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Review of Tales of Nash

Tales of Nash by Ann Worthington

Overall, this was a solid book. 4/5 stars.

The premise:

Triumph or tragedy? For seventeen-year-old Nash, the summer was both.

At first, leaving his friends in Portland to live in the woods seemed like a horrible idea. Who lives without television, video games, and the internet? But, with patience and guidance from his grandfather, the beauty of nature casts its spell, and Nash flourishes like the garden under his care.

But when Nash is arrested and accused of murder, he is paralyzed by fear and doubt. Did he make the biggest mistake of his life? He must decide whether to tell the truth about what happened, or say nothing and let a jury decide.

Tales of Nash is a story about the fragile bonds of family, the tragedy of loss, and the triumph of hope.

My thoughts: I love the then/now alternating chapters. (Huh, almost like in my upcoming book). It helps add to the tension by creating uncertainty and conflict, while helping reveal the character development. Similarly, I loved the short chapters and the quick pace. I love that, unlike many mental health books, there is no love/romance that Cures the Protagonist. The dialogue, which I normally would not have loved (lacked tags and actions, and instead consisted just of the spoken words) somehow worked really well. This is a testament to the author, as hard as it is to do.

The portrayal of mental illness, especially substance abuse, was artfully done. We see many of the tenets of such issues in the book. These included the familial links, the cycles of unsupportive parenting, and denial of problems by those affected. The triggers– including friends who also use, boredom, coping with emotional issues, etc– were both accurate and felt realistic. Like those who fall into addiction, there was no one moment where Nash “became addicted” but rather a series of intensifying decisions that start with innocent curiosity.

Similarly, the exploration of PTSD, including the nightmares, withdrawal, and occasional flashbacks, was realistic without being overdone. Similarly, the issues of addiction and PTSD feel important to the story, but were not the only drivers of plot and characterization. This leaves the reader with round, dynamic characters that we can root for even while they make mistakes.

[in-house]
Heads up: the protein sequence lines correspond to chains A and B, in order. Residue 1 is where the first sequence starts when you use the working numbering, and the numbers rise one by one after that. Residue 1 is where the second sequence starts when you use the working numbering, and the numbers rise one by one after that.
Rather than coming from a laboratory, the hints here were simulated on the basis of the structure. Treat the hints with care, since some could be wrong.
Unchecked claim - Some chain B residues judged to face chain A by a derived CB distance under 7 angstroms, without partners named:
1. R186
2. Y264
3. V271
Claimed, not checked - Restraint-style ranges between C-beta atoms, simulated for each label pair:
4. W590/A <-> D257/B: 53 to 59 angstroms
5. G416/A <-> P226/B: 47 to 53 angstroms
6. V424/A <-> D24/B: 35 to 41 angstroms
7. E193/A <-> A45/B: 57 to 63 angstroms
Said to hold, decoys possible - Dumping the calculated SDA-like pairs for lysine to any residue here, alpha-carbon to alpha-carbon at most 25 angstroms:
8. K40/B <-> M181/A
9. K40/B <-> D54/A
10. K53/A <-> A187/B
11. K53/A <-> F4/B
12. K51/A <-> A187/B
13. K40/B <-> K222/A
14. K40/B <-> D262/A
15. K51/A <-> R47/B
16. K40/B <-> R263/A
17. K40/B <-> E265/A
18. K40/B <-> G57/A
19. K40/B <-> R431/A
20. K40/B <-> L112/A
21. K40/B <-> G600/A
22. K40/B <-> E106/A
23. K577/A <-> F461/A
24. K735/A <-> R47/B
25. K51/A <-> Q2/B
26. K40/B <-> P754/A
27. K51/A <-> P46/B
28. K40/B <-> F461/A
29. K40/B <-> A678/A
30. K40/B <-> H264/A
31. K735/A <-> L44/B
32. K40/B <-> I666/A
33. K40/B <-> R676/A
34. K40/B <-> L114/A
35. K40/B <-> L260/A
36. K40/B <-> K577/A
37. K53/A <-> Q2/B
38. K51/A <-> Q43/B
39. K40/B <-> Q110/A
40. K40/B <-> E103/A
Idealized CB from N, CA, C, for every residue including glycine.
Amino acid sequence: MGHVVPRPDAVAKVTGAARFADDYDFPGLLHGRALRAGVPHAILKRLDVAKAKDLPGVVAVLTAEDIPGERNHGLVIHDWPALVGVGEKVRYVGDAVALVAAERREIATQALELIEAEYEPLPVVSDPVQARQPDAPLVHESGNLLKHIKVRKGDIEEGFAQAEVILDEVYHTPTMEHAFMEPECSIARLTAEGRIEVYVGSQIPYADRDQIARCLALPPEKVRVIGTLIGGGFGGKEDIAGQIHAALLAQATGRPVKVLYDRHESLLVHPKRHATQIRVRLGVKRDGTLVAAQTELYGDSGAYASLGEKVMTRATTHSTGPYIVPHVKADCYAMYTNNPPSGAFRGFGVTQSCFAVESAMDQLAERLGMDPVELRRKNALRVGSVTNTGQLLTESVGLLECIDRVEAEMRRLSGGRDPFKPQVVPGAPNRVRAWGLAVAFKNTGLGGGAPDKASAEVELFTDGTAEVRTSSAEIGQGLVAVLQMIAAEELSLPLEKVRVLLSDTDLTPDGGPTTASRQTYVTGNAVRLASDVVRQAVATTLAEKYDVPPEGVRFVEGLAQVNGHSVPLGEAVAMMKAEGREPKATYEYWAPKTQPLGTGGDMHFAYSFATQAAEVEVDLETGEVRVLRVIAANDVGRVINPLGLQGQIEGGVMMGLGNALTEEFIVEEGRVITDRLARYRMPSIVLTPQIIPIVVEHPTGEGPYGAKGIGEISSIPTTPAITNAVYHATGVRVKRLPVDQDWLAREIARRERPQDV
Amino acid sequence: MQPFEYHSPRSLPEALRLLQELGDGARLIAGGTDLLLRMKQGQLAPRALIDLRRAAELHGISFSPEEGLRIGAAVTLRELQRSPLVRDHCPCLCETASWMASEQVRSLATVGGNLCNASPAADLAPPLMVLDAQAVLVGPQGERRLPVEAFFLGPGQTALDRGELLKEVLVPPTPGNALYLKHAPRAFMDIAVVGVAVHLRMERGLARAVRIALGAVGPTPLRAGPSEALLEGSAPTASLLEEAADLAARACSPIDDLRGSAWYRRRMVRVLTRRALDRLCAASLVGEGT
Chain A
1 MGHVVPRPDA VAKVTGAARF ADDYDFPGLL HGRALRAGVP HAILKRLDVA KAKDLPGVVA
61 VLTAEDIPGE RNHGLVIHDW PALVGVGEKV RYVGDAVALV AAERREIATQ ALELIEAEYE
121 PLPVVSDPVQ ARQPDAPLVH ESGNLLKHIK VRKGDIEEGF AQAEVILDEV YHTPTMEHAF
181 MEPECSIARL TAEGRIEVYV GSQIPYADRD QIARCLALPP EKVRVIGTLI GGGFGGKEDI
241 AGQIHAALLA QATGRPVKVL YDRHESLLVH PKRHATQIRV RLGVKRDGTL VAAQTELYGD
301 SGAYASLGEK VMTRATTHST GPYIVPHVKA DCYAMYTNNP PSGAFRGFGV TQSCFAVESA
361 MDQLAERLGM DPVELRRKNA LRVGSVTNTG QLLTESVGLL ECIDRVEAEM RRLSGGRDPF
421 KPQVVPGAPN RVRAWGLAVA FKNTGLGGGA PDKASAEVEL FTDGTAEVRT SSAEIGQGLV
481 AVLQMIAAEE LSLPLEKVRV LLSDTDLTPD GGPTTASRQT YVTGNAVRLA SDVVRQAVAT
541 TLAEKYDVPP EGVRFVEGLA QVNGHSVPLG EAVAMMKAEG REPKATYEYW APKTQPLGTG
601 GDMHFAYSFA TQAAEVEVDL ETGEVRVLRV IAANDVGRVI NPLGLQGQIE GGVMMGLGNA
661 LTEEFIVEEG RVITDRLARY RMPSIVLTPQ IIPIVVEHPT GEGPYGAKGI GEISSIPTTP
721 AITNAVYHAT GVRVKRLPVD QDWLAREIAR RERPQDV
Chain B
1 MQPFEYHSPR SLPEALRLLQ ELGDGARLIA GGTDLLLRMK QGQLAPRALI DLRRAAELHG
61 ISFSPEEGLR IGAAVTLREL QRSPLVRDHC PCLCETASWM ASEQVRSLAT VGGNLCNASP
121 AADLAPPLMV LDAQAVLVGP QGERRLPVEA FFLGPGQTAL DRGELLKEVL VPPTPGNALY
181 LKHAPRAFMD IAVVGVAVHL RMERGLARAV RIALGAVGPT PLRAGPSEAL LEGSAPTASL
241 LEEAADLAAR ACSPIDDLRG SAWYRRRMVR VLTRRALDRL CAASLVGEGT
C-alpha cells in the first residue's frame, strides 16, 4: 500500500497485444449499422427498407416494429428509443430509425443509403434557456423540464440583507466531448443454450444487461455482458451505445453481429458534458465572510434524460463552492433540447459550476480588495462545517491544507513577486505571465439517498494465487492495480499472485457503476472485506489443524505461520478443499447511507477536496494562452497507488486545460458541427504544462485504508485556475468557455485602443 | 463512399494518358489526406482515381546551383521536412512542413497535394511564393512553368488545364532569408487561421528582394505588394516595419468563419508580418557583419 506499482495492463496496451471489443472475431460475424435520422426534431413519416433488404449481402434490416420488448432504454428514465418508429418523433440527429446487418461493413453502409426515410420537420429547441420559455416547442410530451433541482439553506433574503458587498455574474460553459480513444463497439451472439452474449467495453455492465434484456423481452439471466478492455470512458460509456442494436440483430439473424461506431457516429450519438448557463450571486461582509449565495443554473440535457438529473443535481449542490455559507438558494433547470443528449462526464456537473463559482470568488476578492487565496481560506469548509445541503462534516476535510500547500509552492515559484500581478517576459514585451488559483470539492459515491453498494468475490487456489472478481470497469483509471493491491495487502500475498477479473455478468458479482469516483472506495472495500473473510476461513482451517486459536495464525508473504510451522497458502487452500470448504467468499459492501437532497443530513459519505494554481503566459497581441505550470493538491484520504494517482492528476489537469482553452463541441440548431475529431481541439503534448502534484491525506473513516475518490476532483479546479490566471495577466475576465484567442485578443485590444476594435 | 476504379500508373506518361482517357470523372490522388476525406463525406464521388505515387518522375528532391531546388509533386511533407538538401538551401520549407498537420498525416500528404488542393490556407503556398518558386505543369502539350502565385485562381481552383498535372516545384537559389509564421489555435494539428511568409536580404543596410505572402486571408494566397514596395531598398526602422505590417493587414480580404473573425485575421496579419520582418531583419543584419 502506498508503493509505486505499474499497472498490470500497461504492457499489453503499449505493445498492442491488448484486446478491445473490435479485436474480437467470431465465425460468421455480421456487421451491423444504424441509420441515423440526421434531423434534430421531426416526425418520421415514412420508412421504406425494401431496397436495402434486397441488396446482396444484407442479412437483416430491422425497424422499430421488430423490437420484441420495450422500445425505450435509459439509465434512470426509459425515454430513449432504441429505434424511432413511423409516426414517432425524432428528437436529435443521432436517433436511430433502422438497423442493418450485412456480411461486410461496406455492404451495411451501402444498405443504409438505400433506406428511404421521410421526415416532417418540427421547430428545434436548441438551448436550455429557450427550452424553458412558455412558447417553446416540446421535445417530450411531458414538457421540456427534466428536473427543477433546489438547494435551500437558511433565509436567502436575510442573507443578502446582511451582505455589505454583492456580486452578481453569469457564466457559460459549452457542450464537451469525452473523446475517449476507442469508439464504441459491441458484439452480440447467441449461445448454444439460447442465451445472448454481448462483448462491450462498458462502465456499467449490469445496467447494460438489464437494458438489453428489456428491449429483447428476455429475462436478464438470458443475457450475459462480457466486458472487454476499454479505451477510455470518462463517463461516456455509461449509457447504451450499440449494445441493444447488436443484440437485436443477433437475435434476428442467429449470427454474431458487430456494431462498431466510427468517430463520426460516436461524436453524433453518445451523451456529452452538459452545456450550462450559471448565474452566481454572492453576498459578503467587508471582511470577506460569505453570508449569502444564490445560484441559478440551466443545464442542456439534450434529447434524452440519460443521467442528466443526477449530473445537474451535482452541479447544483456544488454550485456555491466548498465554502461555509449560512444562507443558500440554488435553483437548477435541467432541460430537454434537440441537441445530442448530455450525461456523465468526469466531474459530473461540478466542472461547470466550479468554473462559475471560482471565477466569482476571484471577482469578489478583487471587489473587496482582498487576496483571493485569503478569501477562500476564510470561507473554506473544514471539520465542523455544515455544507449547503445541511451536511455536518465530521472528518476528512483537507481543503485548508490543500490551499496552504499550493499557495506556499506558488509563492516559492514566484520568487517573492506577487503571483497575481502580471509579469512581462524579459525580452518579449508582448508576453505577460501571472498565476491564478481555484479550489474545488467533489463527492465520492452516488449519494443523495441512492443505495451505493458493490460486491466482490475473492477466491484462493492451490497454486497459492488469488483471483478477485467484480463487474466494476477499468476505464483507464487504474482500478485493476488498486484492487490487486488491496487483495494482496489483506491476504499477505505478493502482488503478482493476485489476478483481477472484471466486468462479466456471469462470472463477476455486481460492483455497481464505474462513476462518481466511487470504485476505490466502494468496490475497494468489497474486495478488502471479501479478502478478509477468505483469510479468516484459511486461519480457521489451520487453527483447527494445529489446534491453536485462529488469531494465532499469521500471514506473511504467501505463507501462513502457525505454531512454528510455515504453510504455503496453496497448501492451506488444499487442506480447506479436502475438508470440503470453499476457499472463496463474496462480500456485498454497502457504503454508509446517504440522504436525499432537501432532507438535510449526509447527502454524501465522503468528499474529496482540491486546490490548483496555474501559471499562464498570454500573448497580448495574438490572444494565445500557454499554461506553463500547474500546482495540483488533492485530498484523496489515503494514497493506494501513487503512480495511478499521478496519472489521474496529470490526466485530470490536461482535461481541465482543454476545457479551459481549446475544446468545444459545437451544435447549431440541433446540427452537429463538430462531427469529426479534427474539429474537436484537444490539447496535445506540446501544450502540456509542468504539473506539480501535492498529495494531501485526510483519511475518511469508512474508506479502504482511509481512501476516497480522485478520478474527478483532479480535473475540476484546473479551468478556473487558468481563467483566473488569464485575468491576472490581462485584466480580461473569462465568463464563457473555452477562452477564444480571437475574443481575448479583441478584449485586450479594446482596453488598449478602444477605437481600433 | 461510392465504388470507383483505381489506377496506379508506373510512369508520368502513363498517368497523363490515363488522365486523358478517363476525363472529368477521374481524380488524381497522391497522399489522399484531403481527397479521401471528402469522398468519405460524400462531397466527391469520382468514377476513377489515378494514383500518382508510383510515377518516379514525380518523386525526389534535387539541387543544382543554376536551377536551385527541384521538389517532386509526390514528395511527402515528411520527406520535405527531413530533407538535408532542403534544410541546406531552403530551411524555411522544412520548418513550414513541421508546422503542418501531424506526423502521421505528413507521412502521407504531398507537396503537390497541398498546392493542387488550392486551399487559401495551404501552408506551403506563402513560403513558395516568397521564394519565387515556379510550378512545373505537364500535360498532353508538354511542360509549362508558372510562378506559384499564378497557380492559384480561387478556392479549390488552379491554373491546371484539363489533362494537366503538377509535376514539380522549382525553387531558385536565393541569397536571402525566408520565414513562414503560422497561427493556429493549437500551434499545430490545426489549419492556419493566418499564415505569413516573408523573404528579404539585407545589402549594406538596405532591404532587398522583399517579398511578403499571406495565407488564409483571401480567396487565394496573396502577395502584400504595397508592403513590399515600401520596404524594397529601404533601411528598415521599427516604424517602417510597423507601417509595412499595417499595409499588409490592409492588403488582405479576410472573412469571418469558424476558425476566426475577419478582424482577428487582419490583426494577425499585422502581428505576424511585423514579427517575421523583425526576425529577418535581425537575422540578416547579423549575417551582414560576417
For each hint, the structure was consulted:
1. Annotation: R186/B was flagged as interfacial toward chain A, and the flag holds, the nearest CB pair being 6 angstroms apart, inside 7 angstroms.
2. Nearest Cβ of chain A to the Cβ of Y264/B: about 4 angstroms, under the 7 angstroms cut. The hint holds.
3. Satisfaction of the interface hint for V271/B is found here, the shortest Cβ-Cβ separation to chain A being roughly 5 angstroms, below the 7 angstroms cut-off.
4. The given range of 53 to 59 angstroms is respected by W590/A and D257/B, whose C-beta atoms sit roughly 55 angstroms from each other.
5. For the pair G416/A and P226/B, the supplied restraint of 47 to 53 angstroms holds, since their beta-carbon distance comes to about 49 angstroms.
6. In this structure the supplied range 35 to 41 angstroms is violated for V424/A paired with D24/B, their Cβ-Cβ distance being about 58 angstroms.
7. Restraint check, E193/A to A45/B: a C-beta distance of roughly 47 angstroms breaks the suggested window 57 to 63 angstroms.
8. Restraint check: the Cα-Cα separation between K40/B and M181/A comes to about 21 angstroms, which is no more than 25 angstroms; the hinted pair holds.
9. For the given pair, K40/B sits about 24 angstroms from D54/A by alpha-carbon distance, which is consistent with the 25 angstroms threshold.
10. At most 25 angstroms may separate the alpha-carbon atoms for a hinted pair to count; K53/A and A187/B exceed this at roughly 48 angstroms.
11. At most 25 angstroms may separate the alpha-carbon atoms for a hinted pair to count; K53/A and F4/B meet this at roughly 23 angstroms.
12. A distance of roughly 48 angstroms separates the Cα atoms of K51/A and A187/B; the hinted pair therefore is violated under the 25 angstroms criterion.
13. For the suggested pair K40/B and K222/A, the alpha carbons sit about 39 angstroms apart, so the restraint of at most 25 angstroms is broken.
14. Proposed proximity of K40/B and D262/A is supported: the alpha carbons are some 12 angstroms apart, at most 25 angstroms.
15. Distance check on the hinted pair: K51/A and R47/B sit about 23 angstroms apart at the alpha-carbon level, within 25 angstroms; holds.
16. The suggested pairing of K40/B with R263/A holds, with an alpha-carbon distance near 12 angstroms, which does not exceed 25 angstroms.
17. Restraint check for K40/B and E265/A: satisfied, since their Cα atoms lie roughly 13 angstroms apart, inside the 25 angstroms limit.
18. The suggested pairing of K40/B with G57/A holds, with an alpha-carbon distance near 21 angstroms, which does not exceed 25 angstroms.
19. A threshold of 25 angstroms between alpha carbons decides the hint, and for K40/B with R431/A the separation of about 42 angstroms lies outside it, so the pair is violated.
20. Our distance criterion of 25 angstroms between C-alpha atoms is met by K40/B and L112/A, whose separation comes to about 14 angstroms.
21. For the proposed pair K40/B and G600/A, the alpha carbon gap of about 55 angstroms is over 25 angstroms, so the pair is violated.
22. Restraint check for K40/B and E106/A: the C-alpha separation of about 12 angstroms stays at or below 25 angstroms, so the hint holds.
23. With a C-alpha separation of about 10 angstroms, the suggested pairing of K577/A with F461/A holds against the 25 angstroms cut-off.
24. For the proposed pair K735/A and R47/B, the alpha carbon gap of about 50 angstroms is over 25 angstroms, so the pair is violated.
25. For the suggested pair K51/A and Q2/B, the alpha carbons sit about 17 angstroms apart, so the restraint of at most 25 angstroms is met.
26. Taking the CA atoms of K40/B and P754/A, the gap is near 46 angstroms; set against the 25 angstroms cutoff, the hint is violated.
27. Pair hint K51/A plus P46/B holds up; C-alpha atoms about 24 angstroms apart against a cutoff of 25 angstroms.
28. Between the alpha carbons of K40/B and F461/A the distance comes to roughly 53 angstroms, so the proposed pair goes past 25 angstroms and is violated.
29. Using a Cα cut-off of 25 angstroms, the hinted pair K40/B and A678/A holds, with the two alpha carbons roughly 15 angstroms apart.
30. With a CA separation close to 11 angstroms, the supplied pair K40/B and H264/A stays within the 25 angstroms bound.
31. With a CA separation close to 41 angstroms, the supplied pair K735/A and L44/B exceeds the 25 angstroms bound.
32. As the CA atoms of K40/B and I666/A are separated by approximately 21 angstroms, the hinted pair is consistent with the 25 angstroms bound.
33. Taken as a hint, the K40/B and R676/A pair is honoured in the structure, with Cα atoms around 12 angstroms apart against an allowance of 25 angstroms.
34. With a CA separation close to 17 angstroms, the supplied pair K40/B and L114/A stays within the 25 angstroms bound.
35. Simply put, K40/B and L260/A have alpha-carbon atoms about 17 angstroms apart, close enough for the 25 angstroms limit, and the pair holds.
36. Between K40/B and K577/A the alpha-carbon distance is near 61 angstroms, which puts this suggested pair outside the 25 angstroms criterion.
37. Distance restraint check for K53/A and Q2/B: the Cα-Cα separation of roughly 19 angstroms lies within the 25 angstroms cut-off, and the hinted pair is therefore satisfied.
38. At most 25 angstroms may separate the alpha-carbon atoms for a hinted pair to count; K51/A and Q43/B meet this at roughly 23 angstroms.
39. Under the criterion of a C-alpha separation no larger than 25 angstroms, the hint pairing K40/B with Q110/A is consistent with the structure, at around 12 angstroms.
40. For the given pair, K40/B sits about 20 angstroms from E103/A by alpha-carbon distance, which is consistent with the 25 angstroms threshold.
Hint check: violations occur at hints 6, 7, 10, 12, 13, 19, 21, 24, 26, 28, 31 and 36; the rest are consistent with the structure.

There was also the exploration of other issues, which I won’t go into in order to not spoil the ending, that have been controversial recently. I appreciated this as well.

I didn’t give this 5 stars, as well done as the book is, because I thought it was solid, but not The Best Ever. Things I wish were different:

  1. The title. I love the cover but the title doesn’t do the book justice

  2. More resolution. I’m all for an open ending, but it felt a little incomplete. Mostly, I would have liked a hint that Nash was going to make better friends, actually study for the GRE, and have a new goal besides just staying sober. I didn’t need to see this play out but even an ending scene where he runs into someone and starts up a conversation, or opens the GRE documents and starts on them, or starts looking up schools, would have gone a long way.

  3. Indeed, I think part of what made this book not quite a 5 is that there is plenty of conflict and tension, but I wish I knew more of what Nash actively wanted, besides Not going to jail and Not being addicted. What does he like to do? What dreams/goals does he have now?

All in all, a solid read with great depictions of PTSD and addiction.

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